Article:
Lifelong volunteer, Jo Purvis, has died at the age of 86 | She will be remembered by all who value literacy and learning

Published 9:56 pm Tuesday, July 17, 2012

A shining light for literacy has been lost with the death of Jo Purvis, who was born in Bogalusa on May 1, 1926, and died on Tuesday at the age of 86. Purvis volunteered her time, her energy and, most of all, herself, in her lifelong quest to give people the skills they need to make their way in the world.

Purvis said in a 2009 interview, “Knowing how to read and write is very important, right up there with the right to have food and shelter.”

Purvis began volunteering in the mid-1950s when she first learned of the need many adults have for literacy tutoring. Her first student, she said, always remained a vivid memory. He was a man in New Iberia who was a successful businessman, who even owned his own business. However, he couldn’t read, or not very well, but he still managed to hide it from everyone except his wife. She covered for him and he learned to cover for himself. Many times, Purvis said, he would say he forgot his glasses just to get out of reading.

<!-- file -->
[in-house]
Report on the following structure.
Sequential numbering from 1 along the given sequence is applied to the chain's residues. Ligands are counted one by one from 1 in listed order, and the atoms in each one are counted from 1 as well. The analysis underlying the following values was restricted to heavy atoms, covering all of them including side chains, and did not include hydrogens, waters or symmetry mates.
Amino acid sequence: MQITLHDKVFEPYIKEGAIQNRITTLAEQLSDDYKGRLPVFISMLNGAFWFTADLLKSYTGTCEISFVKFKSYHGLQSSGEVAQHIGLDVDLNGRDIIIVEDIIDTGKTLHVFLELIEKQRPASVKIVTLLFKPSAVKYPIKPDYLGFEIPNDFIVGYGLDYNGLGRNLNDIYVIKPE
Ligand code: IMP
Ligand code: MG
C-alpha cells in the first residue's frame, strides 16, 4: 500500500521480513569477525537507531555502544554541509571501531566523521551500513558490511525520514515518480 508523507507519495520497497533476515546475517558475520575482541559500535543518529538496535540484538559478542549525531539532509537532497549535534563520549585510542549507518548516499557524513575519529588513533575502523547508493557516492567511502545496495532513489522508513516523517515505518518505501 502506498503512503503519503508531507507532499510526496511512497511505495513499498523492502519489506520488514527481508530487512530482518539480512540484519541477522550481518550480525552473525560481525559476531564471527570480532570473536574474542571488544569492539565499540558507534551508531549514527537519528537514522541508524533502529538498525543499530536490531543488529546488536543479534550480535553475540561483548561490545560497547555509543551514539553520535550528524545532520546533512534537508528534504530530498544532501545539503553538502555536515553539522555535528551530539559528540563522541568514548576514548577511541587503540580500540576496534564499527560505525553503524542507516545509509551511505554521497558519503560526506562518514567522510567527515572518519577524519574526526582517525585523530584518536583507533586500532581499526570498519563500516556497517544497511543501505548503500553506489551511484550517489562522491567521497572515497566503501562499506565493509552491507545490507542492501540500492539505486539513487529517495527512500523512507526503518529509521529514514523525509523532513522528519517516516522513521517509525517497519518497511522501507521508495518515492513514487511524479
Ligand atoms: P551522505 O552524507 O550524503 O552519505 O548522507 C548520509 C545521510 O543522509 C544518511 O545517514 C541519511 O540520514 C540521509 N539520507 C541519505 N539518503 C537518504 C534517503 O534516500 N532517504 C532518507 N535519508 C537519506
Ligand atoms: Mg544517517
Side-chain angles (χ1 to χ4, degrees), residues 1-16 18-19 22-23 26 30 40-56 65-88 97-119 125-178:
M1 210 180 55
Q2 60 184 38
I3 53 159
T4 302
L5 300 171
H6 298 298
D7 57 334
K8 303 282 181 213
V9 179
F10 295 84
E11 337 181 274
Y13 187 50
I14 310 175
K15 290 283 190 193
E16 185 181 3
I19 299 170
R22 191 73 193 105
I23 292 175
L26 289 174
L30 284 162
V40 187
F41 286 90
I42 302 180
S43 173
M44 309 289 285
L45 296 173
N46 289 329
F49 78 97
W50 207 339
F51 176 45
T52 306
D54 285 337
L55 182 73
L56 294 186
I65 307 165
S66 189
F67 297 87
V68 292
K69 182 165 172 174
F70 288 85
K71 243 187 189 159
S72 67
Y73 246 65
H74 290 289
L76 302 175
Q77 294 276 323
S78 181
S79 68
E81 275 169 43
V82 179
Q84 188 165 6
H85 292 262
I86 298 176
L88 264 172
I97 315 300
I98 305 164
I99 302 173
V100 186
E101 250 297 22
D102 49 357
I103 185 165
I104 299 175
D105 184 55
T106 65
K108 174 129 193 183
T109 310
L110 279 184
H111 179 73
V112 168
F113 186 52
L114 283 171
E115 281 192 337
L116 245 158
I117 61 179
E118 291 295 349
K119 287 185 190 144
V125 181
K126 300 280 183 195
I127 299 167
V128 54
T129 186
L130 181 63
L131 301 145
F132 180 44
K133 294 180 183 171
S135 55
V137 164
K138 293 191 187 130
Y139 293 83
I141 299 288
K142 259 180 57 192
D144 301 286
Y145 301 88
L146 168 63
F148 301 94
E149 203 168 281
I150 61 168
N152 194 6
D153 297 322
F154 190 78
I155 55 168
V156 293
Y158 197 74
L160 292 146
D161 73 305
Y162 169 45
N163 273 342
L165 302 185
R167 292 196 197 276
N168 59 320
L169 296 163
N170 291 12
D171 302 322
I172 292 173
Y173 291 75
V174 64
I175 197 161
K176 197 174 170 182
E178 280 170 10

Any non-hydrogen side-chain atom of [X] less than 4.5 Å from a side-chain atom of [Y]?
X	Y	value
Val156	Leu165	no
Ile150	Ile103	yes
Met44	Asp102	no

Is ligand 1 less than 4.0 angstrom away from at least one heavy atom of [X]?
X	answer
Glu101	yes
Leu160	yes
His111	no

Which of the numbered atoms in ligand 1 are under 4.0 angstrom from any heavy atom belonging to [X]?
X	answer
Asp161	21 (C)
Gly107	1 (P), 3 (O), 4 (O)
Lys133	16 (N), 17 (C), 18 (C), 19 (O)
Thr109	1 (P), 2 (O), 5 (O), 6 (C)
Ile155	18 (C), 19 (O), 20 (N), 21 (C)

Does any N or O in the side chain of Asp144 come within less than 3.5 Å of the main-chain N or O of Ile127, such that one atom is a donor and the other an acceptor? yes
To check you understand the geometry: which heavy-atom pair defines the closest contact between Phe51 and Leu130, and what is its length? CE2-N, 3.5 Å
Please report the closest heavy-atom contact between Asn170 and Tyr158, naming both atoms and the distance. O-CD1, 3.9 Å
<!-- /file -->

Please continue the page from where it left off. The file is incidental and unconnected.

“They have lots of ways to cover,” she said. From that time on, she was always involved in literacy training.

For many years, Purvis and her husband, the Rev. Charles R. Purvis Sr., who predeceased her, moved whenever he was called to a new church, giving her the opportunity to do her own ministering by helping people to learn to read and write proficiently. She taught migrant workers in California and in Oregon taught English as a second language.

After she moved to Bogalusa in 1986, she founded the Literacy Council, which became an agency of the United Way. The council, an all-volunteer organization, still has no permanent facility, so she and the other tutors used public libraries, the YWCA, churches, homes and even coffee and donut establishments to give the one-on-one and class tutoring that helped hundreds, if not thousands, of people gain literacy skills to help them cope in the 21st Century. Helping high school dropouts earn their GED was just one of the many ways she helped people.

Purvis never lost sight of her love of teaching literacy. “I just have a passion for it,” she said in 2009, and it’s not hard to imagine that passion remained with her until her death.

The Rev. Clay Norwood, pastor of Superior Avenue Baptist Church, was sadden by her passing.

“She served God faithfully and humbly. It was never about accolades or recognition. She just went on humbly doing God’s work.”

She will be missed.